Targeting cellular antioxidant enzymes for treating atherosclerotic vascular disease

Biomol Ther (Seoul). 2013 Mar;21(2):89-96. doi: 10.4062/biomolther.2013.015.


Atherosclerotic vascular dysfunction is a chronic inflammatory process that spreads from the fatty streak and foam cells through lesion progression. Therefore, its early diagnosis and prevention is unfeasible. Reactive oxygen species (ROS) play important roles in the pathogenesis of atherosclerotic vascular disease. Intracellular redox status is tightly regulated by oxidant and antioxidant systems. Imbalance in these systems causes oxidative or reductive stress which triggers cellular damage or aberrant signaling, and leads to dysregulation. Paradoxically, large clinical trials have shown that non-specific ROS scavenging by antioxidant vitamins is ineffective or sometimes harmful. ROS production can be locally regulated by cellular antioxidant enzymes, such as superoxide dismutases, catalase, glutathione peroxidases and peroxiredoxins. Therapeutic approach targeting these antioxidant enzymes might prove beneficial for prevention of ROS-related atherosclerotic vascular disease. Conversely, the development of specific antioxidant enzyme-mimetics could contribute to the clinical effectiveness.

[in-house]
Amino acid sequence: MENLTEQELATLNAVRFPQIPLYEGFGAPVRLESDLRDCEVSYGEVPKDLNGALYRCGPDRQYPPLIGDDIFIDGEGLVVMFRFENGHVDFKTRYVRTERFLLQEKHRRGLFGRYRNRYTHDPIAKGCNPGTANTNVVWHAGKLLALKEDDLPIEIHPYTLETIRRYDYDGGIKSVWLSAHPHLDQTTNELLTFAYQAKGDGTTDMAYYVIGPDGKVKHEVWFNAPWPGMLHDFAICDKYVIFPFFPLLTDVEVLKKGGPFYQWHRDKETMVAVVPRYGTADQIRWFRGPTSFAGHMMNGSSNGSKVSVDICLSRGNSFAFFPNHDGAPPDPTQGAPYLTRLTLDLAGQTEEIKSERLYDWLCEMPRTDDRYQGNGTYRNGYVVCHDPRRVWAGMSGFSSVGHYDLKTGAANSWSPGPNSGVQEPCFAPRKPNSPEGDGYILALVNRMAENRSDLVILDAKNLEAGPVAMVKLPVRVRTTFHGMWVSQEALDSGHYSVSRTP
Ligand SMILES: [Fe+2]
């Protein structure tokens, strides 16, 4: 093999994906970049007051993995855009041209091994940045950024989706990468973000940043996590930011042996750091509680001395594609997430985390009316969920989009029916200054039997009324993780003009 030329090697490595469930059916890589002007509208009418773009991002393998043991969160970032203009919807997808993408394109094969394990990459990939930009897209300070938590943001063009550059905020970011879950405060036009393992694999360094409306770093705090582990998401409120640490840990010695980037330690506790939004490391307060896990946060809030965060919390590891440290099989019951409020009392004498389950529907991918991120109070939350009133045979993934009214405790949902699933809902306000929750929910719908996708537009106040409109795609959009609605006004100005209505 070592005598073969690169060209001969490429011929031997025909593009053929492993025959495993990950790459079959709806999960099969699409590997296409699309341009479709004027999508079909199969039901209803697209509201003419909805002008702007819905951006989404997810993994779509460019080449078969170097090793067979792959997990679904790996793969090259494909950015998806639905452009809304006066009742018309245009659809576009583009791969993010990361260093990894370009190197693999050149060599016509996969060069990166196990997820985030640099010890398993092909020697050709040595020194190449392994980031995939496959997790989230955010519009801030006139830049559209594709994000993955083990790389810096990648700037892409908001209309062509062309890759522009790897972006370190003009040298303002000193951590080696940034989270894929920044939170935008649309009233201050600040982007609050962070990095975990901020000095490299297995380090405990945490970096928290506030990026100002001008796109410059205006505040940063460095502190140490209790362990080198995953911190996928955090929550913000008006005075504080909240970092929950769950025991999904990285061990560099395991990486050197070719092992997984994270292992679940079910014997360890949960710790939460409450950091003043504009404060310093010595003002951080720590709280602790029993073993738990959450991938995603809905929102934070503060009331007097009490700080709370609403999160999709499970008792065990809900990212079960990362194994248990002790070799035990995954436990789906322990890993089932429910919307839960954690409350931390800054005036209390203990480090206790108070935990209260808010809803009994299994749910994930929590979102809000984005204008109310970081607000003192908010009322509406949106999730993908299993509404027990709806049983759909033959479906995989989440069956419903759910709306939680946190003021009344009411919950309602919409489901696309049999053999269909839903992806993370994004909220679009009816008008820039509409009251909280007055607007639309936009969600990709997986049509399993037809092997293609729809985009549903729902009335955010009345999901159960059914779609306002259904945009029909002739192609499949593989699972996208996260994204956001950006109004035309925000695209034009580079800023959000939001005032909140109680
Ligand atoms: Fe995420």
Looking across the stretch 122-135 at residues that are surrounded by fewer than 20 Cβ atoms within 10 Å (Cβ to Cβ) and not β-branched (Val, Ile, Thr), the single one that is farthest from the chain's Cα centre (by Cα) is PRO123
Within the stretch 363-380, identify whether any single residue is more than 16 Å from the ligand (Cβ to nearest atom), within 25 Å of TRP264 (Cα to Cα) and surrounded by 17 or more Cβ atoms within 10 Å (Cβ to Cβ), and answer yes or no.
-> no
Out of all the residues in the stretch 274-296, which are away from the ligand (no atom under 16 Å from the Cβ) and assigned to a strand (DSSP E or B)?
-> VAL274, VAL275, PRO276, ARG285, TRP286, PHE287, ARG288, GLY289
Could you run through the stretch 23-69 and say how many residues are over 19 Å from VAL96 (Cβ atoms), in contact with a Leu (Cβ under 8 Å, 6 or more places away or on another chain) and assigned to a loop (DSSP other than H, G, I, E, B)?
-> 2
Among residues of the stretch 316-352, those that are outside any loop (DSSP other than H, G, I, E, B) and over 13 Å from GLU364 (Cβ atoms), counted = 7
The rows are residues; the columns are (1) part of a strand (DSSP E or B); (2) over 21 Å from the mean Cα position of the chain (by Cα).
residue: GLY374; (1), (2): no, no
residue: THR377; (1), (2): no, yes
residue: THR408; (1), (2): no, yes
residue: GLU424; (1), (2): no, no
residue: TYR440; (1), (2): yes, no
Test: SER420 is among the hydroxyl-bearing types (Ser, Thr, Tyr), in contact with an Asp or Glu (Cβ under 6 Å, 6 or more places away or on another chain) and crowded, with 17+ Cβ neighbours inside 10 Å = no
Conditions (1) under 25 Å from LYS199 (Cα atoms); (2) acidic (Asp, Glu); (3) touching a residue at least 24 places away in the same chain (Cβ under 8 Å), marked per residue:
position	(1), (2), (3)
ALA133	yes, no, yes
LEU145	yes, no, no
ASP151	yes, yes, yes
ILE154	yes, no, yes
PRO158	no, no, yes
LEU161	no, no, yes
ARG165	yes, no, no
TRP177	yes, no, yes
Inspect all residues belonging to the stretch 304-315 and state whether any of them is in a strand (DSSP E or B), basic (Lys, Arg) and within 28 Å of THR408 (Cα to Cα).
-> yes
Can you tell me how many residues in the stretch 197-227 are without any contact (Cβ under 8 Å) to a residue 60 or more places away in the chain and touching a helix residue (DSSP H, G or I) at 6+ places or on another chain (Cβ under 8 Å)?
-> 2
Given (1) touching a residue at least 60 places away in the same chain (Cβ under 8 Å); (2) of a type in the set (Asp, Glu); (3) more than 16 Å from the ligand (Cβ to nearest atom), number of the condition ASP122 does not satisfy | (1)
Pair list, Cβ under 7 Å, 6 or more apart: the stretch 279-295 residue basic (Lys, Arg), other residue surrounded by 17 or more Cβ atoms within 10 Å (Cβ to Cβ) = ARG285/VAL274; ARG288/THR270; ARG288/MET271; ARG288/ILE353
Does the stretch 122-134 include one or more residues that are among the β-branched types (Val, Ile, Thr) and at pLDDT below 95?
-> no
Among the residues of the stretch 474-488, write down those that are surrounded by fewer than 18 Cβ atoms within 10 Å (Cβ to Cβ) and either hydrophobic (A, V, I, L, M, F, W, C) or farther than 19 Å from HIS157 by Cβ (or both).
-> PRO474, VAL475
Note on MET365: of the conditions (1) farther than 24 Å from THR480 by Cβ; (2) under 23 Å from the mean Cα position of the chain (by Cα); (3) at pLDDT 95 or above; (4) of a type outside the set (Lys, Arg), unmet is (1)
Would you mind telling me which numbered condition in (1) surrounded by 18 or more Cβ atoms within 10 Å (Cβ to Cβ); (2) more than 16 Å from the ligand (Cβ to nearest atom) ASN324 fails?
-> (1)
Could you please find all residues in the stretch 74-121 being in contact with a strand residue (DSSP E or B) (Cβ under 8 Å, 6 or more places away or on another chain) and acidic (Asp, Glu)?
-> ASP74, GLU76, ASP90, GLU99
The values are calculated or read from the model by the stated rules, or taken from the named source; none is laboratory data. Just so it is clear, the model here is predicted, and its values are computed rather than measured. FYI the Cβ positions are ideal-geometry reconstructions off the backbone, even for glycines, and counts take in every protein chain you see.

Keywords: Antioxidant enzymes; Antioxidant therapeutics; Atherosclerosis; Reactive oxygen species; Vascular disease.

Publication types

  • Review